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9.20.2007 - 29 comments 

Now really what trip to Southern California would be complete without a trip to the "Happiest Place On Earth" The Magic Kingdom and the home of that mouse named Mickey and the "REAL" Donald, Donald Duck! But what the heck is this picture of? Read on to find out.

I was actually in Disneyland when it opened back in 1955. I know... I know... I am older than dirt, but never the less, it's true I was there at Christmastime in 1955. But did you know that the first day that on the opening day at Disneyland was actually a disaster. So bad in fact that it is called "Black Sunday." As you think about the park and its success over the five decades plus since then, it doesn't seem possible that the "First Day" was such a mess.

But the truth about that day goes like this... On Sunday, July 17, 1955, invited guests arrived, and 90 million watched via a live television broadcast. The day is still known in Disney lore as "Black Sunday," and for good reason, as a guest list of 15,000 swelled to almost 30,000 attendees. Among the many mishaps; Local police dubbed the seven-mile freeway backup the worst mess they had ever seen. Rides and attractions broke down under the onslaught of guests, opening and closing periodically to make way for television crews. Fantasyland closed temporarily due to a gas leak.

Main Street's freshly-poured asphalt softened in the heat. Women wearing high heels sometimes left a shoe behind, stuck in black goo. Because of a plumber's strike, both restrooms and drinking fountains could not be ready by opening day. Walt opted for restrooms, leaving visitors hot and thirsty. Most reviewers declared the park overpriced and poorly managed, expecting Disneyland history to be over almost as soon as it began.

Walt Disney not only had a mess on his hands that first day, but he also had a tough time just getting the place built. When asked how he got the idea for Disneyland, Walt Disney once said he thought there should be a place for parents and children to have fun together, but the real story is much more complex.

In the early 1940s, kids started asking to see where Mickey Mouse and Snow White lived. Disney rejected a studio tour because he thought watching people making cartoons was boring. Instead, he thought of building a character display beside the studio. Artist-architect John Hench is quoted in the Disneyland News Media Source Book: "I remember several Sundays seeing Walt across the street in a weed-filled lot, standing, visualizing, all by himself."

Walt Disney and brother Roy mortgaged everything they owned to raise $17 million to build Disneyland, but fell short. ABC-TV stepped in, guaranteeing a $6 million loan in exchange for part ownership and Disney's commitment to produce a weekly television show.

When the City of Burbank denied a request to build near the studio, a crucial chapter in Disneyland history began. Disney engaged Stanford Research Institute, who identified Anaheim as the center of Southern California's future growth. Disney bought 160 acres of Anaheim orange groves, and on May 1, 1954, construction began toward an impossible deadline of July, 1955, when money would run out.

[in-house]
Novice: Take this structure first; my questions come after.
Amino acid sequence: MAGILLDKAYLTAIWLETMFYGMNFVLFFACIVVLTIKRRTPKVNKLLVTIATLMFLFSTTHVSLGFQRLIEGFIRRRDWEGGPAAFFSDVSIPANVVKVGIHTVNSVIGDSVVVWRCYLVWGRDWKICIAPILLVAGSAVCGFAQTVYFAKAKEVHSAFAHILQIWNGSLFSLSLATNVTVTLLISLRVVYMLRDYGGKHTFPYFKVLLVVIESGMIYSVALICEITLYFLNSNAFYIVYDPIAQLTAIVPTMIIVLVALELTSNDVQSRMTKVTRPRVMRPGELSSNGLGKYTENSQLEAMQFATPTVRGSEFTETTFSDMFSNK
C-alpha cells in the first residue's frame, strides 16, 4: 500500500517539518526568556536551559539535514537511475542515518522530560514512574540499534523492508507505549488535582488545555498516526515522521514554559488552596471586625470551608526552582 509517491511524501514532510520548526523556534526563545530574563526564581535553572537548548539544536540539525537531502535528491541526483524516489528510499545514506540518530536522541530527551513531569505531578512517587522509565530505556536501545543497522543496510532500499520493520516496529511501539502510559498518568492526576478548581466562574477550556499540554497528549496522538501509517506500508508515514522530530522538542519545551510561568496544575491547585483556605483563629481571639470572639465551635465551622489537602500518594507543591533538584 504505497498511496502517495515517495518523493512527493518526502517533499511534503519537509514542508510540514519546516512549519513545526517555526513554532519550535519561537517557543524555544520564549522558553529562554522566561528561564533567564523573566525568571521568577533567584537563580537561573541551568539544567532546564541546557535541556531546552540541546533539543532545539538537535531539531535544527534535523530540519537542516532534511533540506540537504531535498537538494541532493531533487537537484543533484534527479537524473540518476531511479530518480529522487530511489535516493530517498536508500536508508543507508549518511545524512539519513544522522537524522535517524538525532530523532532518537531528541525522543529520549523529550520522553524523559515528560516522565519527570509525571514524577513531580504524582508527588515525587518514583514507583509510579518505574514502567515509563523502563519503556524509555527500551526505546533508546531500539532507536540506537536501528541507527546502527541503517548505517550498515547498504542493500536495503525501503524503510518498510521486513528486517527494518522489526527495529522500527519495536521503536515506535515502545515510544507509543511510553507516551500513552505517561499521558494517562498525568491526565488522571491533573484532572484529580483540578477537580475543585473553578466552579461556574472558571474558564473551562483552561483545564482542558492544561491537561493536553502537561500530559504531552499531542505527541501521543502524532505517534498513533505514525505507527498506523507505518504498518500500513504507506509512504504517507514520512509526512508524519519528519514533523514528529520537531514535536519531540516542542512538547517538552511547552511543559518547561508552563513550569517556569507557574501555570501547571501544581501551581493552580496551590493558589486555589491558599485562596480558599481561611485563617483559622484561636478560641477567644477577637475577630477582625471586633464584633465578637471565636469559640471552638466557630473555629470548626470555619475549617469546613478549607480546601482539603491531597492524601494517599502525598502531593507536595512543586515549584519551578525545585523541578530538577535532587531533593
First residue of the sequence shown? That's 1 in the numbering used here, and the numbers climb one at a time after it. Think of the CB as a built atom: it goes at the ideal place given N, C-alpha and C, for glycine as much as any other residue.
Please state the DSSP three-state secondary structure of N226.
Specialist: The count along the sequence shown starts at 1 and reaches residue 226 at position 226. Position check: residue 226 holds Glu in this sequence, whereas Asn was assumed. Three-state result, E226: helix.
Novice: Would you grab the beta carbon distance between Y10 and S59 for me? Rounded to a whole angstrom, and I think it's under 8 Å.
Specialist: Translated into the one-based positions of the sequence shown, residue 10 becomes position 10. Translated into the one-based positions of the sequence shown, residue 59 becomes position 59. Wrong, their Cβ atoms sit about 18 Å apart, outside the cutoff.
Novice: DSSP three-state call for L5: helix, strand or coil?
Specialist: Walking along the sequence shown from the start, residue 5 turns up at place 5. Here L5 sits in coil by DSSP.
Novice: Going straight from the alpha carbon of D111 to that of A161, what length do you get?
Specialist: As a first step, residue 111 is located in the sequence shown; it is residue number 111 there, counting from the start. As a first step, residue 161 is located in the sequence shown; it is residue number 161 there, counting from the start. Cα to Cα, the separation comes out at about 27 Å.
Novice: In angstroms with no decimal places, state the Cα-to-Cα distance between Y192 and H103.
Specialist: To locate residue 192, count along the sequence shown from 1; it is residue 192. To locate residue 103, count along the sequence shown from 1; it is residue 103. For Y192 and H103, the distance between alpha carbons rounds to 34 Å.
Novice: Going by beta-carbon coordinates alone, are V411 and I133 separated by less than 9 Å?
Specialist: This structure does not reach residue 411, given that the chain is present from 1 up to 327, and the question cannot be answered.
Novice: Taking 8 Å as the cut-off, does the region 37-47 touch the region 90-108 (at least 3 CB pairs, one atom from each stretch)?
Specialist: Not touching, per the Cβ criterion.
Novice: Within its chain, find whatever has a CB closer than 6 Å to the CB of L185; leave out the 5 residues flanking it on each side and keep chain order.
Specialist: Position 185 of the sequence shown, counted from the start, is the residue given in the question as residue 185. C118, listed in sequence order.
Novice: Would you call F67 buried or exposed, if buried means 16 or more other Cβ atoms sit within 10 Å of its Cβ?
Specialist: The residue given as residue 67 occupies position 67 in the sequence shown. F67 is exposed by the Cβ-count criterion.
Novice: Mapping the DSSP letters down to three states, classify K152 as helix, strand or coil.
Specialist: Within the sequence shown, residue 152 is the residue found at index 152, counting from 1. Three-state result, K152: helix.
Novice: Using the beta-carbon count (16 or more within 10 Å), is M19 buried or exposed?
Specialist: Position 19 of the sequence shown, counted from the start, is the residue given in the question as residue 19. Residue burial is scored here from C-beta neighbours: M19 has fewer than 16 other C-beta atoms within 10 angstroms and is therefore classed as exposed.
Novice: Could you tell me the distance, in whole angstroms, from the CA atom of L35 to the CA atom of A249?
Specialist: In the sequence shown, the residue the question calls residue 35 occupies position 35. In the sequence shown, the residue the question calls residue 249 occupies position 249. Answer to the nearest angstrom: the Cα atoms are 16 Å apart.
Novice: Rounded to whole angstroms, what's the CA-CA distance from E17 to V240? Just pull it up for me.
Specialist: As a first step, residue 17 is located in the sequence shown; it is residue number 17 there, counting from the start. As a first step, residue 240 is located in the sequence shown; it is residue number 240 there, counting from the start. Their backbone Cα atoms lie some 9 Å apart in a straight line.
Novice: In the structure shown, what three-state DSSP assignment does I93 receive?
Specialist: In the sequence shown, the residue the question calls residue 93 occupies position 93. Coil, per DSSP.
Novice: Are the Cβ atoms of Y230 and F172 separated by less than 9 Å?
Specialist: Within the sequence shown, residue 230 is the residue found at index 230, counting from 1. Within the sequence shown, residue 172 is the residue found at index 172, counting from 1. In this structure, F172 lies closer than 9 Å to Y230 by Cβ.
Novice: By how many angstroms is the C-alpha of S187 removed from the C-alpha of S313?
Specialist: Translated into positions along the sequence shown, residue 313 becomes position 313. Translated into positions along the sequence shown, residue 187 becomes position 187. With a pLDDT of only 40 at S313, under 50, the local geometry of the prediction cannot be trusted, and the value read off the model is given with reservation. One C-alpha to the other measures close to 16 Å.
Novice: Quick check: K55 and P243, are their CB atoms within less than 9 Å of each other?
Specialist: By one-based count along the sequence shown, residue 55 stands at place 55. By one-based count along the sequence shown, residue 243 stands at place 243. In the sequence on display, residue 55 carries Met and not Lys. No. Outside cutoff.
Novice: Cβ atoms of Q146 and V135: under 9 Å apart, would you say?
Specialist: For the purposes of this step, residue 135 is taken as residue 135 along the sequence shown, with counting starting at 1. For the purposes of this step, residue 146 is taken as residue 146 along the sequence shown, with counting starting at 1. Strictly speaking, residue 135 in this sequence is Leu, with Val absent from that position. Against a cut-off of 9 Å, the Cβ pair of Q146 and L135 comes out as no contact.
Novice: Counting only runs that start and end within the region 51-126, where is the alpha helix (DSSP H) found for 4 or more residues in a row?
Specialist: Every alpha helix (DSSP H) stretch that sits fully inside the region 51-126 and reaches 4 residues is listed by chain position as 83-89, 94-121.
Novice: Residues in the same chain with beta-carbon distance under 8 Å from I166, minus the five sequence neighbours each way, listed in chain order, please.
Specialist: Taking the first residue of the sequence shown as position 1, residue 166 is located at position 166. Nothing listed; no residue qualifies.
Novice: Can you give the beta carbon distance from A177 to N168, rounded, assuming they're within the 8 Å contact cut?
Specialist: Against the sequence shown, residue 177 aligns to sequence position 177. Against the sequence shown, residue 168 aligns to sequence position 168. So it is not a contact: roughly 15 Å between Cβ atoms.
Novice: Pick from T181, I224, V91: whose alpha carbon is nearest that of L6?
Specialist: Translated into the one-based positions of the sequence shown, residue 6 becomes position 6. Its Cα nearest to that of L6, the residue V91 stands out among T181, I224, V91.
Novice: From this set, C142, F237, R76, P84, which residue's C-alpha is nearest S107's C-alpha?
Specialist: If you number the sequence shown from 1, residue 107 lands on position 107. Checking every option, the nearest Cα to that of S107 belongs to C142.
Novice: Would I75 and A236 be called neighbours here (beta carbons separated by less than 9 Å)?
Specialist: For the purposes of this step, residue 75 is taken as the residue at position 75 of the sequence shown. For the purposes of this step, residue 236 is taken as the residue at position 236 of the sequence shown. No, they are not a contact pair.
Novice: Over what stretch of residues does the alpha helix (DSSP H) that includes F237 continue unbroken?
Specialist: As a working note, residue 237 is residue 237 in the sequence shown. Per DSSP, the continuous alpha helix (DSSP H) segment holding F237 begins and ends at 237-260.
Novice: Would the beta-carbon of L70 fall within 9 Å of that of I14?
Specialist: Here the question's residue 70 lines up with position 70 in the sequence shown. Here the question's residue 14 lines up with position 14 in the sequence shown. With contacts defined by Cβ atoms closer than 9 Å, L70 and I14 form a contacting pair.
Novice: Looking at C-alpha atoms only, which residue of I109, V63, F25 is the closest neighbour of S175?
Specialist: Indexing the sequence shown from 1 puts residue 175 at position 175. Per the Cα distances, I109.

Do you happen to know what the cost to get into the park was in 1955? It was one dollar (which would be around $7.00) in 2007 dollars. But as many of you may know, you had to pay to go on the rides back then. On the day after Black Sunday, 10,000 members of the general public got their first peek at Disneyland. On the first day of its long history, Disneyland charged visitors $1.00 admission to get through the gate and see three "free" attractions in four themed lands. Individual tickets for the 18 rides cost 10 to 35 cents each. Walt and his staff addressed the problems, limiting daily attendance to 20,000 to avoid overcrowding. Within seven weeks, the one-millionth guest passed through the gates.

Our youngest son worked at Disneyland while in college and several of his high school buddies still work there to this day. Many people have made a life long career out of this summer job. This place is still magical to my wife and we couldn't wait for our grand-kids to enjoy the MAGIC of this Magic Kingdom.

So what does all of this have to do with the picture I have posted here? Well, I guess you would have to know, that this picture is actually from the Park that was spawned for the other Park. You see that in 2001, Downtown Disney, Disney's California Adventure and the Grand California Hotel all were opened for business. This photo seemed so much like a Post Card from a trip to California, that I just had to share it.

This picture is actually a sign on a building in the California Adventure Park right next door. It was our first trip to this Park, but we had a pass that entitled to enjoy both Disneyland and California Adventure on the same day. So here we are, 52 years after its opening day, doing exactly what Walt invisioned, because now you see... there IS a place where parents and children (and even grandchildren) can have fun together.

"I could never convince the financiers that Disneyland was feasible, because dreams offer too little collateral."
~ Walt Disney